Listen to To Live and Die in L.A. here.

26. Scamanda

<p>Lionsgate Sound</p>

Lionsgate Sound

Cancer scams just feel more nefarious than other schemes. The moral vacancy it takes to not only convince people you have a terminal illness, but then take their money? It’s jaw-dropping. So get ready to keep that jaw on the ground, because the story of Amanda C. Reilly blogging about her “cancer” for seven years while collecting trips, gifts, and cash will infuriate you. In the end, despite her carefully cultivated Christian mommy blogger aesthetic getting her out of some close calls, Reilly learned a valuable lesson when she finally got caught: If the IRS got Capone, they’ll get you, too.

Listen to Scamanda here.

25. Bone Valley



The best true crime indicts institutions that fail people they should be serving. And that criteria makes Bone Valley one of the very best of its kind. Leo Schofield served a horrifying 35 years for the 1987 murder of his wife… despite evidence pointing to another suspect and the detailed confessions of that real killer. Pulitzer Prize winner Gilbert King, his researcher Kelsey Decker, and the Florida judge who risked his career to bring the case to them painstakingly prove, beyond a reasonable doubt, how judges and prosecutors would rather fight to keep an innocent man in prison than let him go. Oh, and they accidentally solve another murder in the process.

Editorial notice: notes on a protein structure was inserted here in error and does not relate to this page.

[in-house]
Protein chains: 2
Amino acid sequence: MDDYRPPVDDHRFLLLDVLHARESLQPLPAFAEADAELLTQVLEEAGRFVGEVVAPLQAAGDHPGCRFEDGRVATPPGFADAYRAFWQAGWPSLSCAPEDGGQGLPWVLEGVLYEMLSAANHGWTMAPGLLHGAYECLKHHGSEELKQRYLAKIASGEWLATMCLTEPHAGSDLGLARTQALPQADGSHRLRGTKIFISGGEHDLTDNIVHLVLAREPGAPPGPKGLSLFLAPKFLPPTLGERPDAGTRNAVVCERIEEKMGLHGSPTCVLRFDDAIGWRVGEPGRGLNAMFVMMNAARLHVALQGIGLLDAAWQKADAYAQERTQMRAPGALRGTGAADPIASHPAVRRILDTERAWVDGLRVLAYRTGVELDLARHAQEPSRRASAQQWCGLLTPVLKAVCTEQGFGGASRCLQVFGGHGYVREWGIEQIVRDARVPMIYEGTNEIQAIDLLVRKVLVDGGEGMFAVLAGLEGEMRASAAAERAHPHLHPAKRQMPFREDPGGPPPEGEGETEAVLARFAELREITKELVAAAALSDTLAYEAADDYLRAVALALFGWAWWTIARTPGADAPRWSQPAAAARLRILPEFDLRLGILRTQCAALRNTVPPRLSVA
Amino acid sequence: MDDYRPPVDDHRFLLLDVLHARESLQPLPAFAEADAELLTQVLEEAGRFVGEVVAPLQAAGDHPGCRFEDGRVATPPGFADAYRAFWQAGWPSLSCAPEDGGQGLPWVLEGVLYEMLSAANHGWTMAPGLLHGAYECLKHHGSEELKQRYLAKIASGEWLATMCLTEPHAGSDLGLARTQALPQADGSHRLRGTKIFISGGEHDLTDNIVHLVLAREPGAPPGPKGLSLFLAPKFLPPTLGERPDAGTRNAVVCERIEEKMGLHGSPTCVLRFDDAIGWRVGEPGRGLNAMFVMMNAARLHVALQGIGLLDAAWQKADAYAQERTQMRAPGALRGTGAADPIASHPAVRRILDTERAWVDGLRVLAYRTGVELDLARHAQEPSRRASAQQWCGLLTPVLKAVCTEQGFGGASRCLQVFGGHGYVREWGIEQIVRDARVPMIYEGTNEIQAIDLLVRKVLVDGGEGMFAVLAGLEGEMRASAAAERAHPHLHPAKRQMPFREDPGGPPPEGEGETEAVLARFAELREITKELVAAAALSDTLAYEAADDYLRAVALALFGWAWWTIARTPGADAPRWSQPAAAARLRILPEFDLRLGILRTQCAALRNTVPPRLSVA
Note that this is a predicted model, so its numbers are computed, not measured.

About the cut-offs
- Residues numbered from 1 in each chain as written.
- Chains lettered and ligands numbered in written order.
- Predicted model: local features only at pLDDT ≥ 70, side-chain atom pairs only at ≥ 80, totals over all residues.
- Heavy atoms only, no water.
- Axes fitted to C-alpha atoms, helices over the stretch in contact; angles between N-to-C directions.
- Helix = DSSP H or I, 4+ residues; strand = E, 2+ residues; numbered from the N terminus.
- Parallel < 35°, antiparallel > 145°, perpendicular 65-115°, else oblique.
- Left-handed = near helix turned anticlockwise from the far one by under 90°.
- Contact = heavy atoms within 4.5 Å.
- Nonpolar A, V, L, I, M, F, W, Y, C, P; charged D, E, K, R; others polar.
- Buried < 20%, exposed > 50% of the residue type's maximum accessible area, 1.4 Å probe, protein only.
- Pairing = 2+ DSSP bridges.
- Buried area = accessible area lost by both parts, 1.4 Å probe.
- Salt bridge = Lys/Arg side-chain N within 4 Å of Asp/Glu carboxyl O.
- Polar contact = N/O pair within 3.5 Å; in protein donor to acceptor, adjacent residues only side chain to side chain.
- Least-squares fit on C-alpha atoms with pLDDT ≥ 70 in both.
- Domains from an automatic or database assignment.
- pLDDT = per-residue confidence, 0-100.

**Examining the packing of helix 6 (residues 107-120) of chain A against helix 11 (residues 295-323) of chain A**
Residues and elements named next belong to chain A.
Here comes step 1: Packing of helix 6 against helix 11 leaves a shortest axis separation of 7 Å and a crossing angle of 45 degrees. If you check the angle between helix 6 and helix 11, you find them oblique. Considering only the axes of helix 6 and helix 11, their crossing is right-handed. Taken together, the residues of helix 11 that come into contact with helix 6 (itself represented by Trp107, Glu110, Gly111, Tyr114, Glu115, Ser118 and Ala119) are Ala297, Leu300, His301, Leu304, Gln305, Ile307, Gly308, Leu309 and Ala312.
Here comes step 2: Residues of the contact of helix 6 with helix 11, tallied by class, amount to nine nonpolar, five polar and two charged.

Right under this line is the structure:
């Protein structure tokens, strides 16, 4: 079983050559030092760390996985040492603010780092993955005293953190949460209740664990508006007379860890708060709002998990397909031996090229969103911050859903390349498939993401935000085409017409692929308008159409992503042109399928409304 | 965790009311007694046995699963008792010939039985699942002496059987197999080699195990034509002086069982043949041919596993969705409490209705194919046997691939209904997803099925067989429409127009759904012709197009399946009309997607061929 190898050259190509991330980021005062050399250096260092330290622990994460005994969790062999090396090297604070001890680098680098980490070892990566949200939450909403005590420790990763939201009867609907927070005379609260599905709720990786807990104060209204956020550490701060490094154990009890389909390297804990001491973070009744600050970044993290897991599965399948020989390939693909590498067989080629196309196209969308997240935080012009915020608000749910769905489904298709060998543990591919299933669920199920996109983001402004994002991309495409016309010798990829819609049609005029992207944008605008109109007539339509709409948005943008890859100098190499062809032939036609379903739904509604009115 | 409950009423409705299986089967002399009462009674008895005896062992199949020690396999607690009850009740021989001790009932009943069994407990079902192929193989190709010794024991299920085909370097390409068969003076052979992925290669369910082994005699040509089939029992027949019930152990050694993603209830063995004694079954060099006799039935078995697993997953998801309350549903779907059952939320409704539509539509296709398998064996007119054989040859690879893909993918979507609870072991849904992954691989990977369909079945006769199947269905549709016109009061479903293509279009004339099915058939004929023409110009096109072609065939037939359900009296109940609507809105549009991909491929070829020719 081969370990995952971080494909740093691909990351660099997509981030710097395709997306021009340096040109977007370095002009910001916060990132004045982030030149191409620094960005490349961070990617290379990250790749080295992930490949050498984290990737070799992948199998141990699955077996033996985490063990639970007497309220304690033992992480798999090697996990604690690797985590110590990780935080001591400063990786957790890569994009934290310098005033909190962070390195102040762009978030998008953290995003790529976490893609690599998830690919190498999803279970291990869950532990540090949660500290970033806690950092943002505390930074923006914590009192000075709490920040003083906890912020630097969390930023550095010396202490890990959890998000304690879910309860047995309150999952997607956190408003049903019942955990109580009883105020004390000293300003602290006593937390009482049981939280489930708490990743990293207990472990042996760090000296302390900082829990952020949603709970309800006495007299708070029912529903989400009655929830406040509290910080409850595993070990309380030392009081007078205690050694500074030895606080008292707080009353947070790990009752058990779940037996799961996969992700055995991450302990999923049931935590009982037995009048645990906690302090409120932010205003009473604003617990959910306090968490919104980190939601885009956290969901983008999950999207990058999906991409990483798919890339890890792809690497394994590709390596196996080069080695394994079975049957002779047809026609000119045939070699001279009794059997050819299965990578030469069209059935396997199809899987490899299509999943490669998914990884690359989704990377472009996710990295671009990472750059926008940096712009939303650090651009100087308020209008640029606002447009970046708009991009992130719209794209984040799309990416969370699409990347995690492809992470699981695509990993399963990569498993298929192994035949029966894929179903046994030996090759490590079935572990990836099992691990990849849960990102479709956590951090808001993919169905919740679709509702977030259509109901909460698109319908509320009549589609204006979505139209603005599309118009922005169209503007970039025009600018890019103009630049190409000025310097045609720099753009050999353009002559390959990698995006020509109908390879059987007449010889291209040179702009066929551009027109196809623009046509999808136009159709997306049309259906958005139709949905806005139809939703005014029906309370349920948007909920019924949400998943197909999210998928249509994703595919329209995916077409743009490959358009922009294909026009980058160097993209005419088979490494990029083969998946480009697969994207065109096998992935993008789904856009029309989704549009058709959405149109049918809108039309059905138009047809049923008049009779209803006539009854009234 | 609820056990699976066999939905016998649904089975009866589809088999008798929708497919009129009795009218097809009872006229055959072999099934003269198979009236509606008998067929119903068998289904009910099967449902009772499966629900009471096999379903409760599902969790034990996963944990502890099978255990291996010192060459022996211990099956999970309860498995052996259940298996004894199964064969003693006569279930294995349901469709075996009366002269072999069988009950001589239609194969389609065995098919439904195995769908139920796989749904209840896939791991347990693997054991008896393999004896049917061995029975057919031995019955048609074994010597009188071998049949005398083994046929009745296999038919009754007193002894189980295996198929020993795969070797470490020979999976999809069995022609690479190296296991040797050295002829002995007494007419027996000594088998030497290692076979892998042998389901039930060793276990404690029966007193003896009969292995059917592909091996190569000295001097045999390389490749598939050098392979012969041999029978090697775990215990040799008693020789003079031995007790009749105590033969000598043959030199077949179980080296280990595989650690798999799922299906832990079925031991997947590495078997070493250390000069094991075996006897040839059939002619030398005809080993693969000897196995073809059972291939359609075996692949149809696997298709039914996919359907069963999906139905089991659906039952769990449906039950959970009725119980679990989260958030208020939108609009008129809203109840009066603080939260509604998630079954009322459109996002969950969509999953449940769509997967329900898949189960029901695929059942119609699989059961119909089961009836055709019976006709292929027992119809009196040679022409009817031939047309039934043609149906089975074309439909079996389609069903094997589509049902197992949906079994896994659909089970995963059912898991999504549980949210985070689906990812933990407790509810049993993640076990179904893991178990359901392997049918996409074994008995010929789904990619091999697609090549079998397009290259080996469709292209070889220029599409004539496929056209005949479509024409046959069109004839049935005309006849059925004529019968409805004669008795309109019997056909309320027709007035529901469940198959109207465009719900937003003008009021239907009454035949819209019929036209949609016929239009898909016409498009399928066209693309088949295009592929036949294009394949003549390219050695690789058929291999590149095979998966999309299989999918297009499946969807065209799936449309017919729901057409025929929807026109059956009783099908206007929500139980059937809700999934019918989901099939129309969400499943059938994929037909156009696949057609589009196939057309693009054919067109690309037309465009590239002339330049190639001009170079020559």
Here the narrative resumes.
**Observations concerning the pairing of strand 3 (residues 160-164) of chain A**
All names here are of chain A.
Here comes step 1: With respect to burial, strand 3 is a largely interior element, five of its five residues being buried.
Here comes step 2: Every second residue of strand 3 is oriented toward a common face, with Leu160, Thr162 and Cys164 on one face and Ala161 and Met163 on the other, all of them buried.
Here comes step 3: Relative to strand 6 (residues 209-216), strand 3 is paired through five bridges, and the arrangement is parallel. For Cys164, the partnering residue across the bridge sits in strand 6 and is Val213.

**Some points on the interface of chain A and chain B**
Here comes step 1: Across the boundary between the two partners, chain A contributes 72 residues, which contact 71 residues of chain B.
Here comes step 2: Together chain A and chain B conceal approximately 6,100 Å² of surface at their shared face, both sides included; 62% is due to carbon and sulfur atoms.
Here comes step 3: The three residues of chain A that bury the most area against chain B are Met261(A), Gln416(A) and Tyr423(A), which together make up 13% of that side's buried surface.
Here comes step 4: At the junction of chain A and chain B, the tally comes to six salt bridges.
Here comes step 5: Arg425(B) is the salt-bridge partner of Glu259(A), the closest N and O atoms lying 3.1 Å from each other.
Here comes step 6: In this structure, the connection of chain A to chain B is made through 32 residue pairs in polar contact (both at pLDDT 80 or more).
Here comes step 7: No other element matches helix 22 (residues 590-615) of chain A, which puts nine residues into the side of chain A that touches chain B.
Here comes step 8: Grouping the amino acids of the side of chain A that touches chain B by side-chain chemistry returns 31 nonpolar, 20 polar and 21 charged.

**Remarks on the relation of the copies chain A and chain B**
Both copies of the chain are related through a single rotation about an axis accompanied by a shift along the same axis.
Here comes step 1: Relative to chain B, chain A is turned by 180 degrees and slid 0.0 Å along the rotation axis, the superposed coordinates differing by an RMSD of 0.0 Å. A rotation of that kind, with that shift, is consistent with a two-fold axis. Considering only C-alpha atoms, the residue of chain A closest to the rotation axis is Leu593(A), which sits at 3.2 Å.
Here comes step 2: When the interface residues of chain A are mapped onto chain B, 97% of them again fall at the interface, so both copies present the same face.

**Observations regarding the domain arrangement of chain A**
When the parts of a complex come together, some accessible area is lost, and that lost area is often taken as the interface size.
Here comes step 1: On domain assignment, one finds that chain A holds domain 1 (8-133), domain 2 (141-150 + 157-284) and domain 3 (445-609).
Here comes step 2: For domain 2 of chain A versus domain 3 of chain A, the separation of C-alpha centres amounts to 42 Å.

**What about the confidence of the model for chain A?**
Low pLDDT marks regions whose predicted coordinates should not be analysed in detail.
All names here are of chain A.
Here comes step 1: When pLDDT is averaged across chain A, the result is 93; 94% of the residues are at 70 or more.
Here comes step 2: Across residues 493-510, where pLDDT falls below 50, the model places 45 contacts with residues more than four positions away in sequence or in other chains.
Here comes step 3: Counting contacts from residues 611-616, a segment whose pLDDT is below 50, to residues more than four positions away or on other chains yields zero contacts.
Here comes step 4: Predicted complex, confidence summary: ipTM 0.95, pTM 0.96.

Listen to Bone Valley here.

24. Crime in Sports

<p>Crime in Sports</p>

Crime in Sports

Sports and crime have been a winning combination for millennia — there’s even evidence that competitors in ancient Greece were offered bribes to throw the Olympic games — so this podcast, hosted by comedians Jimmie Whisman and James Pietragallo, is an absolute natural. Covering crimes in every weight class, from lightweight autograph scams to heavyweight murders, each episode is a knockout.

Listen to Crime in Sports here.

23. The Coldest Case in Laramie

<p>Serial Productions</p>

Serial Productions

To manage expectations, know that this podcast does not solve the 1985 murder of college student Shelli Wiley — and that’s precisely the point. When New York Times reporter Kim Barker goes back to her childhood hometown to find out why the cop briefly accused of the crime hasn’t been prosecuted, you expect to hear another story about the corrupt thin blue line. Instead, she discovers a far more complex reality explaining why cold cases remain frustratingly difficult to solve.

Listen to The Coldest Case in Laramie here.

22. Chameleon: Hollywood Con Queen



What first strikes you when listening to this almost-too-bonkers tale is the sheer chutzpah of Hargobind Tahilramani, the international con artist who scammed dozens of victims into believing he was some of Hollywood’s biggest power players, including Amy Pascal and Wendi Deng Murdoch. The pod details the crimes, which start out bizarre and only get more disturbing as they go, but also traces Tahilramani’s life from Indonesia to California to the U.K., trying to figure out where his schemes began and why.

Listen to Chameleon: Hollywood Con Queen here.

21. The Kids of Rutherford County